What do science and comic book superheroes have in common? Quite a lot, says ICORD Principal Investigator Dr. Paul Zehr.
Dr. Zehr has been using comic book superheroes as a platform for discussing science since the release of his first book, Becoming Batman: The Possibility of a Superhero, in 2008. In his most recent book, Chasing Captain America: How Advances in Science, Engineering, and Biotechnology Will Produce a Superhuman, Dr. Zehr completed a trilogy on the subject, exploring whether a combination of current technologies could be used to turn an ordinary person into a superhero. He recently sat down for a Q+A to describe his lifelong interest in science, superheroes, and science communication.
Q: How did you first get interested in comic books? Were there any childhood favourites that inspired your books?
A: Comic books were my gateway drug into reading. When I was a kid, my mom would grab a half-dozen or so off the rack and bring them home for me each week back when they still sold them at grocery stores. There wasn’t one specific comic book that I liked best—it was more the idea of using comics for creatively thinking and expressing yourself.
Q: What sparked your interest in science communication?
A: I’d always had it in the back of my head, even as far back as when I was in university. The tipping point for me was at a conference in the mid-2000s. I flipped on the TV in my hotel room before bed, and one of these ridiculous infomercials for some miracle health product came on. I remember thinking to myself, ‘Why would anyone buy this? This is garbage,’ but the people watching didn’t know the science behind it, and I thought, ‘I can help fix this.’ By writing books about science using comic book superheroes, I can reach people who might never otherwise learn about it.
Q: What are some strategies that you would recommend for researchers starting out in science communication?
A: I always tell people to shape their message to suit their audience. I think there’s this perceived barrier between scientists and people in the community, but I’ve found that people are really curious about science and want to learn more about it as long as it’s not being shoved at them. I think there’s reluctance among scientists to use pop culture, because they see it as something completely separate from science, but I urge them to think of it as a tool. Pop culture is popular for a reason: people remember stories, and we can use science storytelling to make science more accessible to people. The means of communicating the science is popular and can make use of fictional characters, but the science itself is still real.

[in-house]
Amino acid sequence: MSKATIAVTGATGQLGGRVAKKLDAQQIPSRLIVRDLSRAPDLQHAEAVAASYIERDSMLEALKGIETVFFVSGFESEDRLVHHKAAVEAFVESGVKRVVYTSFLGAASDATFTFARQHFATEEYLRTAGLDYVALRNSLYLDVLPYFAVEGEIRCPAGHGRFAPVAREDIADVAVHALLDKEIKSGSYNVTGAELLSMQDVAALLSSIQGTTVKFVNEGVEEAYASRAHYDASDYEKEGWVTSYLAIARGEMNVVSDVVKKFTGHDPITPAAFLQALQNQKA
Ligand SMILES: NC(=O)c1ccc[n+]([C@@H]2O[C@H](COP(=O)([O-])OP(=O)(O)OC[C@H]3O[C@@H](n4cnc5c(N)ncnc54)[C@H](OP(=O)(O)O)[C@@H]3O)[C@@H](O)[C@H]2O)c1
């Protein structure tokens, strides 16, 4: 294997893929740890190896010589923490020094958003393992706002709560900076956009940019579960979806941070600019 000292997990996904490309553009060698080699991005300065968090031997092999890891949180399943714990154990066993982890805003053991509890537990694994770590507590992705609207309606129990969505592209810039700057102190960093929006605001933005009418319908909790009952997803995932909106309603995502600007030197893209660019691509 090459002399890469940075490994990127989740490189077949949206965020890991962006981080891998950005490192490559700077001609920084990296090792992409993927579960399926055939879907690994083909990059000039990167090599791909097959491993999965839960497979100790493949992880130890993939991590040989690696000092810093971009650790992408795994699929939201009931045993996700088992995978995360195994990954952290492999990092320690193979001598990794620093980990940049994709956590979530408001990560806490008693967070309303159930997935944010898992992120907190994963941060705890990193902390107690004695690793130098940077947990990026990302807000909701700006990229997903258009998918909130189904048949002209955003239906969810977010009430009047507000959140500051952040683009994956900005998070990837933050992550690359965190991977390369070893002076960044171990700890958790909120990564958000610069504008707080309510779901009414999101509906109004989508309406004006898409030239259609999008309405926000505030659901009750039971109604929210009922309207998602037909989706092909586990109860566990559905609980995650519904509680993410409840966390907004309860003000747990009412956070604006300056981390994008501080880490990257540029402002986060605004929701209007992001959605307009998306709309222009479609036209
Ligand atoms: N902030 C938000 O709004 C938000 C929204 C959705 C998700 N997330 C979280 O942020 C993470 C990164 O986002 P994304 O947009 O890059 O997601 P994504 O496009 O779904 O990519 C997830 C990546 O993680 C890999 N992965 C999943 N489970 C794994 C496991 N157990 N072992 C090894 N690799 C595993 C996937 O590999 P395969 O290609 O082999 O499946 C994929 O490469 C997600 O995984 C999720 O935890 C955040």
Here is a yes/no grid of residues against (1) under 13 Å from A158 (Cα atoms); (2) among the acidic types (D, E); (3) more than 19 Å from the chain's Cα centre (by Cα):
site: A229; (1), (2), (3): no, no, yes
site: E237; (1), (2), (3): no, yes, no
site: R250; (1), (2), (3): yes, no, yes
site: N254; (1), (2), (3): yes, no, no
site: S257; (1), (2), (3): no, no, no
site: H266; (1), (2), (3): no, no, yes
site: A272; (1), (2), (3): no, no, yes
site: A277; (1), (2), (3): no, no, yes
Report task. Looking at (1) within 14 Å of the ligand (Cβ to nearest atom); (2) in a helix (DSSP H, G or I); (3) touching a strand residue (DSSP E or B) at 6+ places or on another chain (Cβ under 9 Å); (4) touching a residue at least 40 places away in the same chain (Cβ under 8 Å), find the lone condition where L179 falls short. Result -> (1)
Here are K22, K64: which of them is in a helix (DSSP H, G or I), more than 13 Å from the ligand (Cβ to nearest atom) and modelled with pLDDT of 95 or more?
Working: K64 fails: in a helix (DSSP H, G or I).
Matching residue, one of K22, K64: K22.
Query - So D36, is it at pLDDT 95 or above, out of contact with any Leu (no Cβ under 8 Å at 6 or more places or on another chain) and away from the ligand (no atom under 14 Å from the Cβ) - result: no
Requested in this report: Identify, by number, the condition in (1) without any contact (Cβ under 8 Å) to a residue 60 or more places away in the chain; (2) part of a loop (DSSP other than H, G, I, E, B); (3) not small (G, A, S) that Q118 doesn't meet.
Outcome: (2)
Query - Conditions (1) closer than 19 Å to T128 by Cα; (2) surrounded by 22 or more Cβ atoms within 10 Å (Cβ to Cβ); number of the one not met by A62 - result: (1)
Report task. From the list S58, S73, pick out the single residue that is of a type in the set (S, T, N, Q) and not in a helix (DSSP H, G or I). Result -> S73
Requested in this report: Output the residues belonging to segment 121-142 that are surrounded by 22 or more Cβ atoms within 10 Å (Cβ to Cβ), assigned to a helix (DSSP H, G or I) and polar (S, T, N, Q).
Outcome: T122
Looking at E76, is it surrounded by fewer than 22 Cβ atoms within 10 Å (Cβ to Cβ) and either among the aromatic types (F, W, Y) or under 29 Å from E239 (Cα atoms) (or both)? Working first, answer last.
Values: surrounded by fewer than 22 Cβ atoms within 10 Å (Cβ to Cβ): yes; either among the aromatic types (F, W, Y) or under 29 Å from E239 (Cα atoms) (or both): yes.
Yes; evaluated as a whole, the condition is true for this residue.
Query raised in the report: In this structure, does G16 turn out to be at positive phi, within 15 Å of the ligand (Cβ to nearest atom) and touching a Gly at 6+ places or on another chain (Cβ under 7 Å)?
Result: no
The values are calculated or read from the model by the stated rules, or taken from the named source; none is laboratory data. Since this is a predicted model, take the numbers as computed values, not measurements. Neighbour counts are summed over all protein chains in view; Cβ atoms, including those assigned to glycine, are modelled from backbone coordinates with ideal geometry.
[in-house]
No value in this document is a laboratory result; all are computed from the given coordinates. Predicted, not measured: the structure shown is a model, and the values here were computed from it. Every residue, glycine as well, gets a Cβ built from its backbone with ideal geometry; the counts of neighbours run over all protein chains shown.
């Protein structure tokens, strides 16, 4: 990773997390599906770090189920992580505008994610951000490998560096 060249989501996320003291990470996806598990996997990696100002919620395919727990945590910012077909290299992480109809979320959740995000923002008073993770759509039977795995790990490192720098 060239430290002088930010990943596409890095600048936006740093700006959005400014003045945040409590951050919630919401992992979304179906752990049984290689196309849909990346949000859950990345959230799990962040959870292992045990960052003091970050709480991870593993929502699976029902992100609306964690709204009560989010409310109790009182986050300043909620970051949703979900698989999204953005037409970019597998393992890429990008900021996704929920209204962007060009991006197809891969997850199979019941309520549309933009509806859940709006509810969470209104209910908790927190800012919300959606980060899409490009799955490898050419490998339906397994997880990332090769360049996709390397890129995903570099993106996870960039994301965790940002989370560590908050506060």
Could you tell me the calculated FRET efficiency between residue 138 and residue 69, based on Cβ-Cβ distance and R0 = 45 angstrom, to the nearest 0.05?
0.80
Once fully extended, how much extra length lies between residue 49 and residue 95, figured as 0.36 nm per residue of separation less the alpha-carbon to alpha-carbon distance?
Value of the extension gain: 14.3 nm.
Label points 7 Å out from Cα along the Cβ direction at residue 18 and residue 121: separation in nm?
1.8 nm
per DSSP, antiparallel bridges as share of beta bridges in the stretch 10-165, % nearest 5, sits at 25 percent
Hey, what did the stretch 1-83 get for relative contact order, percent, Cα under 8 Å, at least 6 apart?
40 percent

A good example of this is when I went to give a science talk to several hundred Grade 3-5 students. The principal and some of the teachers were almost sweating beforehand—they asked how long my talk was going to be, and apologized in advance that the kids might get restless. But you know what? I gave my talk on Batman, and the kids loved it. I asked them questions, like ‘What would happen to Batman’s brain in this situation? How are his muscles working together?’ I went through the anatomy of bones, from the level of the skeleton down to individual osteons, and they were on the edge of their seats, because I was talking about Batman’s bones. As long you consider what your audience will find interesting, and choose your tools to fit your audience, you can communicate science at any level.
Q: What’s next for you as an author?
A: Now that I’ve finished the superhero trilogy, I’m thinking of returning to the young adult theme that I explored in Project Superhero, but with a twist: last time, there was a female protagonist, and it was aimed at readers 10-15 years old, so I plan to try a male protagonist and the 14-17 age group, which I haven’t done before. There’ll be some of the same characters in Project Superhero (older now!) and science of human enhancement as in Chasing Captain America—it’ll be sort of a cross between Chasing Captain America, The Diary of Wimpy Kid, and The Lightning Thief.
Q: Ultimately, what is your goal as a scientist and science communicator?
A: When I think about my value to the world, everything I do is centred on empowerment through knowledge, from my specialized research to my science communication and teaching martial arts. I first got into science because I wanted to use it to help people, and when I manage to use science to positively influence others, I get this feeling that I’ve done something well and for a good reason, and it resonates on so many different levels. In the end, they say that knowledge is power. If you have a lot of knowledge, then you have a lot of power, and your superpower is to share your knowledge in the most creative way possible to connect with the largest number of people.